Presentation on theme: "How to Use This Presentation Sharing the benefits of flood insurance to both current and potential clients will help you grow your book of business. Use."— Presentation transcript:
How to Use This Presentation Sharing the benefits of flood insurance to both current and potential clients will help you grow your book of business. Use this presentation to educate homeowners and renters on flood risk and the importance of having flood insurance. This presentation is virtually ready to use immediately. Customize or delete information on slides 2, 17, 19, and 23, based on your specific needs. Consider using slide 24 if your audience needs to know about legislation changes. The latest legislation information is at FEMA.gov/flood-insurance-reform. Once you update those slides and delete this instructional slide, you are ready to present.FEMA.gov/flood-insurance-reform Questions or Comments? Please contact
Flood Insurance and Your Home [AGENCY NAME] [AGENT NAME] [DATE] [Agency Logo]
National Flood Insurance Program Flood Misconceptions and Facts Flood Insurance Basics Reducing the Risk Resources for You Presentation Overview
The National Flood Insurance Program
Everyone is at risk for flooding Anywhere it can rain, it can flood Just a few inches can cause tens of thousands of dollars in damage Why Flood Insurance?
Provides flood insurance to homeowners, renters, and business owners Community must participate in the program Written by insurance agencies through their carrier or direct with the NFIP (rates and coverage are the same for all agents) Created by Congress in 1968 Administered by the Federal Emergency Management Agency (FEMA) National Flood Insurance Program (NFIP)
What Is a Flood?
A Flood Defined Inundation of two or more acres of normally dry land or of two or more properties (one of which is your property) from: Overflow of inland or tidal waters; Unusual, rapid accumulation or runoff of surface waters from any source; Mudflow; or Collapse or sinking of land along the shore of a lake or similar body of water as a result of erosion or undermining caused by waves or currents of water exceeding anticipated levels that result in a flood
Flood Misconceptions and Facts
Misconception: “I don’t live in a flood zone.” Fact: Everyone lives in a flood zone. Floods are the #1 natural disaster in the United States If it can rain, it can flood Risk does not stop at a line on a flood map Misconception #1
Misconception: “I’m already covered—my homeowners policy covers flooding.” Fact: Most insurance policies do not cover flooding; only flood insurance covers flood damage. Misconception #2
Misconception: “If a flood happens, disaster assistance will cover me.” Fact: Disaster assistance facts: Only available if the President declares a Federal disaster. You must qualify. Typically given in the form of a loan that must be repaid, with interest. Misconception #3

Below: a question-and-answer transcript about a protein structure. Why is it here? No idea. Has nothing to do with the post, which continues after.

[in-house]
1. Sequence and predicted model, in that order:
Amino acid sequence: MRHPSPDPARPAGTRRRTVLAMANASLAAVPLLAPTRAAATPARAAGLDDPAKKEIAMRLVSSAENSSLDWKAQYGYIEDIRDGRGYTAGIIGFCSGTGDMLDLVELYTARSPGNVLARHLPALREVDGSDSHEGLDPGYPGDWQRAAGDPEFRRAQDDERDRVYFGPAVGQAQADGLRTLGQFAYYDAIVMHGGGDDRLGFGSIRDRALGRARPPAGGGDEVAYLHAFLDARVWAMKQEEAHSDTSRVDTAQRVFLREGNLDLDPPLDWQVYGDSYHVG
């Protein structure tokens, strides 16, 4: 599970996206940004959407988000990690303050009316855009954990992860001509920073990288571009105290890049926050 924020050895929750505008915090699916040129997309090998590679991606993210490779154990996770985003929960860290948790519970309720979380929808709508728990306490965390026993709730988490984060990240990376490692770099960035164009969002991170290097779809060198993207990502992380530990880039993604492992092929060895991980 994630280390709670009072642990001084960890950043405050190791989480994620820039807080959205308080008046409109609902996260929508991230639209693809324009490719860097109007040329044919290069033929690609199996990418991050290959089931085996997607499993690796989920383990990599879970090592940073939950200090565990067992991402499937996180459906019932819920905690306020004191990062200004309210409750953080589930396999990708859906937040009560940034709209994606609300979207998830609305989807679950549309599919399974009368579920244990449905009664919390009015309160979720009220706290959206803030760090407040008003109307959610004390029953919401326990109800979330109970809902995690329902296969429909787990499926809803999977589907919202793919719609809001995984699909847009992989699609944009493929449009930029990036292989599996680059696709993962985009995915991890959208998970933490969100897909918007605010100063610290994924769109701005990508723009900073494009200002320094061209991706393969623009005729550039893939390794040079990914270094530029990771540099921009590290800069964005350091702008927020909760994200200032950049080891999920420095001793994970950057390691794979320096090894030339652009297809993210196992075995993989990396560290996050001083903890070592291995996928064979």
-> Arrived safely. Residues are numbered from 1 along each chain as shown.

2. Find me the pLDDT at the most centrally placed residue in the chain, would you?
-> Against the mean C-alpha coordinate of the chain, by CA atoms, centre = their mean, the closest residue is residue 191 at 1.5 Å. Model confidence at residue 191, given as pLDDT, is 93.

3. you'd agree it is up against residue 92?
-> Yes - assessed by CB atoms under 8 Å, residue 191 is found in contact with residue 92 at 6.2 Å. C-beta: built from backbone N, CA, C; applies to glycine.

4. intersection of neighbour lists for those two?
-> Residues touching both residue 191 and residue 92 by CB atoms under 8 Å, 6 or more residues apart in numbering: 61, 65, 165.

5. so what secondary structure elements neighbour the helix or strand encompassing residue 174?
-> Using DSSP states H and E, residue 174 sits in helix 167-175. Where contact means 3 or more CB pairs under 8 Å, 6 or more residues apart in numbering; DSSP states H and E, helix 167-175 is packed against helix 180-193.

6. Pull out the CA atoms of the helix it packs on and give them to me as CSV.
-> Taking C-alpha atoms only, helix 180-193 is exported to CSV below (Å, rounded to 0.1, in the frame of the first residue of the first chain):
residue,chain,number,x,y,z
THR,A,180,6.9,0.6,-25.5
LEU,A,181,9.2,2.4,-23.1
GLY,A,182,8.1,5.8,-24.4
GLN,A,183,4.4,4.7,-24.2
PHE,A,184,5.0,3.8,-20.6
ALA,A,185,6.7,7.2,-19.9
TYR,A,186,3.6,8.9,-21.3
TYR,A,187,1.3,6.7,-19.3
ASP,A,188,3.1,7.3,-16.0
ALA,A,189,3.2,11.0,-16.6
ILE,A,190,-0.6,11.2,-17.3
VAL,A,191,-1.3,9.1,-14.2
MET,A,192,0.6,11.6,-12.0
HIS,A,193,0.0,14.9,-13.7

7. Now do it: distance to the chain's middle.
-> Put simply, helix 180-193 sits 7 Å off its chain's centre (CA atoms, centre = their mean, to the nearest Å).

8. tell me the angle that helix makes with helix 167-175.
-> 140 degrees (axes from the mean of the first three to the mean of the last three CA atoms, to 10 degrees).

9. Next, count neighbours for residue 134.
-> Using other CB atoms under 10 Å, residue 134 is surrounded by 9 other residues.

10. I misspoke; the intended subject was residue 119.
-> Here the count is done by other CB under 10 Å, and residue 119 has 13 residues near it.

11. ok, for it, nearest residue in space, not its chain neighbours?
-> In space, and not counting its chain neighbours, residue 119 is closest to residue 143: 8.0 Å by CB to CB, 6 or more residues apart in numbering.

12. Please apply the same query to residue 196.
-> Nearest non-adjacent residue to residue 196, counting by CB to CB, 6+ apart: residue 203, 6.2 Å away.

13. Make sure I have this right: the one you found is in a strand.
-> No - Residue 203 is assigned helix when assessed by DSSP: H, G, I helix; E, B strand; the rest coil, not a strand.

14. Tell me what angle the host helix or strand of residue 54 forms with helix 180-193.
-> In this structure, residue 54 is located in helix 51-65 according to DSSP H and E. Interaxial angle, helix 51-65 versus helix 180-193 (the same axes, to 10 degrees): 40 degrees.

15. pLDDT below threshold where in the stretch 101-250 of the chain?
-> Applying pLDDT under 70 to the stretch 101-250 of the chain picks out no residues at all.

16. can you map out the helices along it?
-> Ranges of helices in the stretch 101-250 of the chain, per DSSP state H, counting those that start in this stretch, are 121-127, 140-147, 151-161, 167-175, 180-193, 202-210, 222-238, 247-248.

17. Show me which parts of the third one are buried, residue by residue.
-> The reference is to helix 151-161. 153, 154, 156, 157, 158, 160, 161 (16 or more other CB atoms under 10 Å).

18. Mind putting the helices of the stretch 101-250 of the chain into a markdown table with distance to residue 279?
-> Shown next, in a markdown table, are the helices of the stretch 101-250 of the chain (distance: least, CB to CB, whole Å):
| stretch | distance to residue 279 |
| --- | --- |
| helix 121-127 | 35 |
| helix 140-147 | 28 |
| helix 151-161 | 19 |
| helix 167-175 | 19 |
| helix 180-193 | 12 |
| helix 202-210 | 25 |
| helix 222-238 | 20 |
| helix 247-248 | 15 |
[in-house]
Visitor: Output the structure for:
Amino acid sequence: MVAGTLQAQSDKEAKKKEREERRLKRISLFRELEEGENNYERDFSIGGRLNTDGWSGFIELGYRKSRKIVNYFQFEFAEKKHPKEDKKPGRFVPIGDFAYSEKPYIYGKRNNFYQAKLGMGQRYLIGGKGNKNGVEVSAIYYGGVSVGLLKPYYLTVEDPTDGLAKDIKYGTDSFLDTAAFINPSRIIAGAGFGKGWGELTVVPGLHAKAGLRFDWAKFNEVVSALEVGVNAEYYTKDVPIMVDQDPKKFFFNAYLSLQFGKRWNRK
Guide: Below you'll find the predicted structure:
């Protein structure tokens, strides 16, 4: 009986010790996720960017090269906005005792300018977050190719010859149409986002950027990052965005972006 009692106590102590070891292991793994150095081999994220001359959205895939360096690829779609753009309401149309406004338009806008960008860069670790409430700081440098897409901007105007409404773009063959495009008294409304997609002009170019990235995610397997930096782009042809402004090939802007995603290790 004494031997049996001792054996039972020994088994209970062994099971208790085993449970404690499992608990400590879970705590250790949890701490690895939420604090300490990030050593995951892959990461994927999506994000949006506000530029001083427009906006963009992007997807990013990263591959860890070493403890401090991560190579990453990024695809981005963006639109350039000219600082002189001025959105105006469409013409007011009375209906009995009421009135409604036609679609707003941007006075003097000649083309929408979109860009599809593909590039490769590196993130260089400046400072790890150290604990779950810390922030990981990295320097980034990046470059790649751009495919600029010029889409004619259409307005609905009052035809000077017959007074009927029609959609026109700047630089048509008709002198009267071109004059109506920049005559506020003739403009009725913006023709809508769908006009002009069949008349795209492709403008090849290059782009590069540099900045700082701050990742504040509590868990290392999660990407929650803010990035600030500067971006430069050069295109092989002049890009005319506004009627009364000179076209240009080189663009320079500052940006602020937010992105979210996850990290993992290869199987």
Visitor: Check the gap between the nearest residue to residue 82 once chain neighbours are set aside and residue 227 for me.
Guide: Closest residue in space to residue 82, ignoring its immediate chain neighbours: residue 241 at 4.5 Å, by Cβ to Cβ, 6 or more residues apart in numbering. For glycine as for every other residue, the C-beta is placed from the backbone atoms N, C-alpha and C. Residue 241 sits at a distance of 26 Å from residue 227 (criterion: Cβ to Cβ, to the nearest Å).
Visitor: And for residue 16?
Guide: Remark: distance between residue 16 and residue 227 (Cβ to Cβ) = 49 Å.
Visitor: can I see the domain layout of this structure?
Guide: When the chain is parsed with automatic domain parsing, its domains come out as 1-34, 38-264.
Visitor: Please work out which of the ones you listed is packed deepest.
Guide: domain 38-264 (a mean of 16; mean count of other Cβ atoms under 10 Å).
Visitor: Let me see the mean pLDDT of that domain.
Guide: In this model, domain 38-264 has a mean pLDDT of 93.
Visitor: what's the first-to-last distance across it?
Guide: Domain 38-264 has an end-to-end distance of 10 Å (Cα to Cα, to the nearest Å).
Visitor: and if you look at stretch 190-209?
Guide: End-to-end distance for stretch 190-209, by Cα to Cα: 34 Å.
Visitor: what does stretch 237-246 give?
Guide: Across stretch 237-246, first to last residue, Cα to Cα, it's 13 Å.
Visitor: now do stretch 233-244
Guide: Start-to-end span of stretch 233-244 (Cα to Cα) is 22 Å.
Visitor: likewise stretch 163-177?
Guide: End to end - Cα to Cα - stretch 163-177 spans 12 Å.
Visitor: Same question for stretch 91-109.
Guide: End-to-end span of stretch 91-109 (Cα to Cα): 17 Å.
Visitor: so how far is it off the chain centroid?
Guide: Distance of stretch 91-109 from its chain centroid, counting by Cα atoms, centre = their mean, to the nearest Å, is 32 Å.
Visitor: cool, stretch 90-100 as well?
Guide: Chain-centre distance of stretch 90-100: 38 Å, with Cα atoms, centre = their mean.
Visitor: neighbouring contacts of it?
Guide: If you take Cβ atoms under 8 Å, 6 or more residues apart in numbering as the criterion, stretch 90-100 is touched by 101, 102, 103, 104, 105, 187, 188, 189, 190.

Flood Insurance Basics
Single-peril policy Pays Replacement Cost on single-family, primary residences, if insured to at least 80 percent of its Replacement Cost Pays Actual Cash Value (depreciated cost) on second homes and underinsured homes Contents coverage is not automatically included in your policy (with the exception of a Preferred Risk Policy) Only pays Actual Cash Value Three Basic Facts of a Standard Flood Policy
Key Rating Elements: Flood Zone High-Risk Zones Special Flood Hazard Areas (SFHAs); labeled “A” or “V” Moderate- to Low-Risk Zones Non-Special Flood Hazard Areas (NSFHA); labeled B, C or X
Base Flood Elevation (BFE) The estimated depth of flood water during a 1 percent annual chance flood Lowest Floor Elevation (LFE) Post-FIRM For Zones beginning with an A: e.g., elevation of the top of the lowest floor For Zones beginning with a V: e.g., if elevated, the bottom of the lowest horizontal structural member Rates based on LFE – BFE Key Rating Elements: Elevation for High-Risk Zones L F E B F E Example Zones Beginning with an A
Coverage Limits for Dwellings* $250,000 on building $100,000 on contents Deductibles Community Rating System (CRS) Key Rating Elements: Coverage and Deductibles *Coverage limits are different for other occupancy types.
Provides up to $30,000 for buildings in high-risk areas Building must be declared substantially damaged or a repetitive loss Used to floodproof, elevate, relocate, or demolish Total amount of your home claim and ICC claim cannot exceed $250,000 Increased Cost of Compliance Coverage
Typically, there is a 30-day waiting period for a flood insurance policy to go into effect Exceptions: Flood Insurance is required by a federally regulated and insured lender—0 days [Wildfire 30-day waiting period exception—0 days] Initial purchase of Flood Insurance as the result of a map revision—1 day Waiting Periods
Policy for homes in moderate- to low-risk areas: Lower cost policy Policy includes both building and contents Contents-only coverage is available for renters Preferred Risk Policy (PRP)
Check with your community floodplain management office for more information on mitigation activities, such as Floodproofing Installing flood vents Elevating: Home Equipment and appliances (e.g., heating, cooling washer, dryer) Reduce the Risk, Reduce the Cost
Subsidized rates for older (pre-FIRM) buildings in high-risk areas Subsidized rates can be transferred from one owner to another at the time of sale Subsidized rates will be phased out over time For more information, visit FEMA.gov/flood-insurance-reform. Recent Legislation